In the postwar period, many of the approximately 200,000 Jewish survivors registered at Central Committee of Polish Jews or CKP (of whom 136,000 arrived from the Soviet Union)[20][21][22] left the Communist People's Republic of Poland for the nascent State of Israel and North or South America. Their departure was hastened by the destruction of Jewish institutions, post-war violence and the hostility of the Communist Party to both religion and private enterprise, but also because in 19461947 Poland was the only Eastern Bloc country to allow free Jewish aliyah to Israel,[23] without visas or exit permits.[24][25] Britain demanded Poland to halt the exodus, but their pressure was largely unsuccessful.[26] Most of the remaining Jews left Poland in late 1968 as the result of the Soviet-sponsored "anti-Zionist" campaign. After the fall of the Communist regime in 1989, the situation of Polish Jews became normalized and those who were Polish citizens before World War II were allowed to renew Polish citizenship. Religious institutions were revived, largely through the activities of Jewish foundations from the United States. The contemporary Polish Jewish community is estimated to have approximately 20,000 members,[27] though the actual number of Jews, including those who are not actively connected to Judaism or Jewish culture, may be several times larger.

Jews originated from the Israelite tribes of the Middle East.[28][29][30][31] Initially, large numbers moved and lived in Greece (including the Greek isles in the Aegean and Crete) as early as the early part of the 3rd century B.C.E. The first recorded mention of Judaism in Greece dates from 300-250 Before Common Era (BCE) on the island of Rhodes.[32] and in Rome at least since the 1st century B.C.E. (Although They may even have established a community there as early as the second century B.C.E, for in the year 139 B.C. the pretor Hispanus issued a decree expelling all Jews who were not Italian citizens).[33] Then by late antiquity Jewish communities were found in modern day France and Germany.[34][35] Afterwards, due to various pogroms that took place during the Middle Ages, they fled mostly to Poland and Lithuania, and from there spread over the rest of Eastern Europe.[36][37]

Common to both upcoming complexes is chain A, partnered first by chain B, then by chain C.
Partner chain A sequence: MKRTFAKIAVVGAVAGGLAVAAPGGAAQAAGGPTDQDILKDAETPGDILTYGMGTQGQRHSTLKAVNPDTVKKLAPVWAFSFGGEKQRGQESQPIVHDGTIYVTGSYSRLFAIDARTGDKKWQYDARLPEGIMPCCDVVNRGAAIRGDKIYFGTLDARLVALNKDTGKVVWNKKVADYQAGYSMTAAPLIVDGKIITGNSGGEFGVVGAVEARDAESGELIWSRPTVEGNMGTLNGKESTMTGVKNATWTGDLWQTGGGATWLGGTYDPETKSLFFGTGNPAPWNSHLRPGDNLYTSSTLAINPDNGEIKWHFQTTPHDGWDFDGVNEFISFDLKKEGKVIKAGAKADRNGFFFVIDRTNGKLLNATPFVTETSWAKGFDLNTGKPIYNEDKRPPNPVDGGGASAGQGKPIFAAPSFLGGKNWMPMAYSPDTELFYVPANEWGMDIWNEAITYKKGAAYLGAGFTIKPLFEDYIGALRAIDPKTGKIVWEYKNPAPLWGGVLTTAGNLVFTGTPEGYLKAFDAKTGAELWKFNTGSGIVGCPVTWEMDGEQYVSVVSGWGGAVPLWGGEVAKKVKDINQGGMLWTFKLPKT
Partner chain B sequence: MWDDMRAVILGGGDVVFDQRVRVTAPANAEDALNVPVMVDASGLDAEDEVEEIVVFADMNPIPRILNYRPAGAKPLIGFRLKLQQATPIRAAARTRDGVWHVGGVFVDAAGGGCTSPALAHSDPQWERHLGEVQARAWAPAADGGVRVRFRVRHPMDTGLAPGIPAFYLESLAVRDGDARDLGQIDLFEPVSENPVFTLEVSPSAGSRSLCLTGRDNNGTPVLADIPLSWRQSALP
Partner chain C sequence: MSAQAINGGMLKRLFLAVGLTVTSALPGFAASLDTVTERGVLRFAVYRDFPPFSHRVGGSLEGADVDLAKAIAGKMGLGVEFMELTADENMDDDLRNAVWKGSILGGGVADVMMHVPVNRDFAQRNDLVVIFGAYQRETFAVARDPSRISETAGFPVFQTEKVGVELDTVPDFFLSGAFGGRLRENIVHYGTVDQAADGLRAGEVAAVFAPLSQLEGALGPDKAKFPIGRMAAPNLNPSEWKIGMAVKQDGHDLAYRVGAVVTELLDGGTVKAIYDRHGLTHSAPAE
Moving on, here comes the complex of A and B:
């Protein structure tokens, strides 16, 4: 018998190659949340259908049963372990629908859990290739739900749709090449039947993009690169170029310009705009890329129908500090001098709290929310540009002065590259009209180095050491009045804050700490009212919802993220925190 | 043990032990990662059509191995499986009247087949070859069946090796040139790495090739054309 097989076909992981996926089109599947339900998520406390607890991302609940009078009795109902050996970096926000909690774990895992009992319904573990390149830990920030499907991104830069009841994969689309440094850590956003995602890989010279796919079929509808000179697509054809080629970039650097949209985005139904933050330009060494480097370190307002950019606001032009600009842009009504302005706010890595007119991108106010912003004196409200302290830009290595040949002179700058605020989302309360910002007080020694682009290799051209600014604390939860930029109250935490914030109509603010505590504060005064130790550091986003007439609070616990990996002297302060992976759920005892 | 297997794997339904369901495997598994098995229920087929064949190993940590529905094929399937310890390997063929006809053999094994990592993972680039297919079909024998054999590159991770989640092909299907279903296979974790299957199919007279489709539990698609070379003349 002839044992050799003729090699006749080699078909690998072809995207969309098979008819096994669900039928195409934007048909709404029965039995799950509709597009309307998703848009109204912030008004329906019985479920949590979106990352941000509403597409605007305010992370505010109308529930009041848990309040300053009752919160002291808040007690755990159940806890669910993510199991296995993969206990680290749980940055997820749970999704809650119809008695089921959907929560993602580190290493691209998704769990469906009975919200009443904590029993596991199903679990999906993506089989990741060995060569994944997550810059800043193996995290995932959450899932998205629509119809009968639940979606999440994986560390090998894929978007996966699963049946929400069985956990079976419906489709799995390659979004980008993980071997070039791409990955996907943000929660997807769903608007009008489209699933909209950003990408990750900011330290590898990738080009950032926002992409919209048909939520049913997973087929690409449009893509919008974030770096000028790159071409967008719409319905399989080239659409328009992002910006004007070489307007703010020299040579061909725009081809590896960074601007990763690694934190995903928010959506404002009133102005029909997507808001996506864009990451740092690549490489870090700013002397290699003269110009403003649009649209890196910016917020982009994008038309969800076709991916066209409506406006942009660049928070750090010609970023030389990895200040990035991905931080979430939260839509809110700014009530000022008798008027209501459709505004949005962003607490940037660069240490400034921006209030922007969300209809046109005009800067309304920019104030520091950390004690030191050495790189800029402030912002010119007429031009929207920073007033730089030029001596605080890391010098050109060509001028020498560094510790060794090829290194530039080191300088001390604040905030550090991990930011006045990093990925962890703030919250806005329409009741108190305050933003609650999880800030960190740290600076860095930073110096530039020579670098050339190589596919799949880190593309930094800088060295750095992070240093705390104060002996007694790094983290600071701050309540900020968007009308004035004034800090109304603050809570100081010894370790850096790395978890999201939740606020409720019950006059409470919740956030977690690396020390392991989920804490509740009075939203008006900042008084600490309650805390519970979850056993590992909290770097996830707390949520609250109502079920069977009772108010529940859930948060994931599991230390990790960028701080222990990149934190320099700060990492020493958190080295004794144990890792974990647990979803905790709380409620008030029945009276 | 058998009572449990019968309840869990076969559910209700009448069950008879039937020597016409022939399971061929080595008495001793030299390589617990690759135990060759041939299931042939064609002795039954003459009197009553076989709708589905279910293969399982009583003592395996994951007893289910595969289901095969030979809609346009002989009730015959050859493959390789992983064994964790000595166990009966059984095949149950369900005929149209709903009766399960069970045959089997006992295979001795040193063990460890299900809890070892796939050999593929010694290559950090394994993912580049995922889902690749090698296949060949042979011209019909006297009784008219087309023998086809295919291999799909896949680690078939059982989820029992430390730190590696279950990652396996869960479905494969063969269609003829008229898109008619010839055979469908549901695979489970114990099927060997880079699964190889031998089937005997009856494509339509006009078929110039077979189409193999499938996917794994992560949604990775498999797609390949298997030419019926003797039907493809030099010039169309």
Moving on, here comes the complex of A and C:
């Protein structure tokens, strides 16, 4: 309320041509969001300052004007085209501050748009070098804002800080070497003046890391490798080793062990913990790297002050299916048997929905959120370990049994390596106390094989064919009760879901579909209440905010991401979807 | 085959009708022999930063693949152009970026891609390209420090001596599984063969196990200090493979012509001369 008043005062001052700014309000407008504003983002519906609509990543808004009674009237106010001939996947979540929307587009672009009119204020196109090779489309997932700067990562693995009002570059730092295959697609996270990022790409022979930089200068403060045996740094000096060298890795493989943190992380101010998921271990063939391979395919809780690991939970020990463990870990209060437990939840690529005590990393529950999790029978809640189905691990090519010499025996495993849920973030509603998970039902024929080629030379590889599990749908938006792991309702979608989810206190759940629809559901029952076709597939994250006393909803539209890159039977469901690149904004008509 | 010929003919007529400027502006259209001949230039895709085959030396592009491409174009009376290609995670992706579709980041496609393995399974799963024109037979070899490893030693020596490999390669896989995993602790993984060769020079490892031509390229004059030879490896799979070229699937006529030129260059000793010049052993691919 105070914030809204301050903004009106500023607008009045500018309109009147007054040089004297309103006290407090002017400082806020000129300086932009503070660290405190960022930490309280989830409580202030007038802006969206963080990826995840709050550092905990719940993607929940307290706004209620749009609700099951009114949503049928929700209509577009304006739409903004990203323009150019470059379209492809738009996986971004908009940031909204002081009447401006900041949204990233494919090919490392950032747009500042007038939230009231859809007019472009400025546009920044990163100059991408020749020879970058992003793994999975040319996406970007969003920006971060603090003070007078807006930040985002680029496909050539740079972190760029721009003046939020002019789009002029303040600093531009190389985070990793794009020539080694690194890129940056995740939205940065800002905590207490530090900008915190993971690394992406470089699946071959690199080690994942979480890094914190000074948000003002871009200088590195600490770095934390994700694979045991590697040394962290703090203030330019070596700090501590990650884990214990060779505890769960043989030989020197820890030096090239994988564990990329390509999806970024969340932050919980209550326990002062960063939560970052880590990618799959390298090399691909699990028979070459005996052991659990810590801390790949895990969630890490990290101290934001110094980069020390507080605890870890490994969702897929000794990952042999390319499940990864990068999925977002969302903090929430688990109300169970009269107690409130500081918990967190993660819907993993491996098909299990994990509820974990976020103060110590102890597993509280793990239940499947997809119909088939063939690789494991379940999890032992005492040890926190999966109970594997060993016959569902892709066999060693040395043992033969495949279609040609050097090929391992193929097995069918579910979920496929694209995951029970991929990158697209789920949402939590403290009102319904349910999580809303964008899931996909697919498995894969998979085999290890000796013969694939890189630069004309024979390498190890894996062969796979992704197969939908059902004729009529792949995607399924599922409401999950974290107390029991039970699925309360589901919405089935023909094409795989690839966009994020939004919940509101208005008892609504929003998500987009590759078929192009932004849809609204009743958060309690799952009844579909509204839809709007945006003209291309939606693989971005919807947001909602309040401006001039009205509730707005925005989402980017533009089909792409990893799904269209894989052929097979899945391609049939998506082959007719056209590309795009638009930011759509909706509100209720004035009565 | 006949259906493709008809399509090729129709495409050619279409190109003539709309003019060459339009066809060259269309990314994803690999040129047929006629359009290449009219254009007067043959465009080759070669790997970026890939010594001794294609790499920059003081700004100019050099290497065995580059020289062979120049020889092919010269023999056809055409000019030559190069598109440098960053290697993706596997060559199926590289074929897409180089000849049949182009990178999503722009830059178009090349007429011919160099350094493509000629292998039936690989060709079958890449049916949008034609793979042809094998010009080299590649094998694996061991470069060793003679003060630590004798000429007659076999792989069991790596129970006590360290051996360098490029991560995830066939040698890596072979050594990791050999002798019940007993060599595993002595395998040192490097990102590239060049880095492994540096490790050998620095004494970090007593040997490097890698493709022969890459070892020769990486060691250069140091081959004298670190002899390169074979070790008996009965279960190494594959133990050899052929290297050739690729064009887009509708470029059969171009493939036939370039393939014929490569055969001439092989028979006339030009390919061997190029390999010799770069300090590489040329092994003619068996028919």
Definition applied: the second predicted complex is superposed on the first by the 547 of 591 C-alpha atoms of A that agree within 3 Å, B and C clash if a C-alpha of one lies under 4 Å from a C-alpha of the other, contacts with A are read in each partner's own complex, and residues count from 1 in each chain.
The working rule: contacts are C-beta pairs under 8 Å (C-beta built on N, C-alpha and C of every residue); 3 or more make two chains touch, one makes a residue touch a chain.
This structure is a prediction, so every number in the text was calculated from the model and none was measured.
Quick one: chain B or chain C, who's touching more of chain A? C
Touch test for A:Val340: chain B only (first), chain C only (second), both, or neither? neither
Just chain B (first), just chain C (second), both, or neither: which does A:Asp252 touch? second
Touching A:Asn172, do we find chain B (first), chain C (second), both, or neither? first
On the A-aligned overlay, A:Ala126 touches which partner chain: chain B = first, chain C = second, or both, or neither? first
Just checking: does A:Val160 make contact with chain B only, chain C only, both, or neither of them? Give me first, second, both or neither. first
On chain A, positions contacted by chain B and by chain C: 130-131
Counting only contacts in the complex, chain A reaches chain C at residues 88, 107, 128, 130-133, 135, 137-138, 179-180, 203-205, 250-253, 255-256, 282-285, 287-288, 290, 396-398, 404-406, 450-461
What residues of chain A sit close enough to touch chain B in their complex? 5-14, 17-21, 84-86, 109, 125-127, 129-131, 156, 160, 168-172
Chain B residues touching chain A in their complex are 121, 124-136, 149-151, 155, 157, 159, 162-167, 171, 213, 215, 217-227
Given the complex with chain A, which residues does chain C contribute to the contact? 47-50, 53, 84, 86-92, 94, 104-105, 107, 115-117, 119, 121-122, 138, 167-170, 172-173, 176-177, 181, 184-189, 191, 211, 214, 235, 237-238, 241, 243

The first Jews arrived in the territory of modern Poland in the 10th century. By travelling along the trade routes leading eastwards to Kiev and Bukhara, Jewish merchants, known as Radhanites, crossed the areas of Silesia. One of them, a diplomat and merchant from the Moorish town of Tortosa in Spanish Al-Andalus, known under his Arabic name of Ibrahim ibn Jakub, was the first chronicler to mention the Polish state under the rule of prince Mieszko I. The first actual mention of Jews in Polish chronicles occurs in the 11th century. It appears that Jews were then living in Gniezno, at that time the capital of the Polish kingdom of the Piast dynasty. The first permanent Jewish community is mentioned in 1085 by a Jewish scholar Jehuda ha-Kohen in the city of Przemyl.[38]

The first extensive Jewish emigration from Western Europe to Poland occurred at the time of the First Crusade in 1098. Under Bolesaw III (11021139), the Jews, encouraged by the tolerant regime of this ruler, settled throughout Poland, including over the border in Lithuanian territory as far as Kiev.[39] Bolesaw III for his part recognized the utility of the Jews in the development of the commercial interests of his country. The Jews came to form the backbone of the Polish economy and the coins minted by Mieszko III even bear Hebraic markings. Jews enjoyed undisturbed peace and prosperity in the many principalities into which the country was then divided; they formed the middle class in a country where the general population consisted of landlords (developing into szlachta, the unique Polish nobility) and peasants, and they were instrumental in promoting the commercial interests of the land.

Another factor for the Jews to emigrate to Poland was the Magdeburg Recht, or Magdeburg Law, a charter given to the Jews, among others, that specifically outlined the rights and privileges that Jews had coming into Poland. For example, they could define their neighborhoods and economic competitors and set up monopolies. This made it very attractive for Jewish communities to pick up and move to Poland.[40]

Gesta principum Polonorum states that Princess Judith of Bohemia, wife of Polish Prince Wadysaw I Herman ransomed many Christians with her own money from the bondage of the Jews.[41]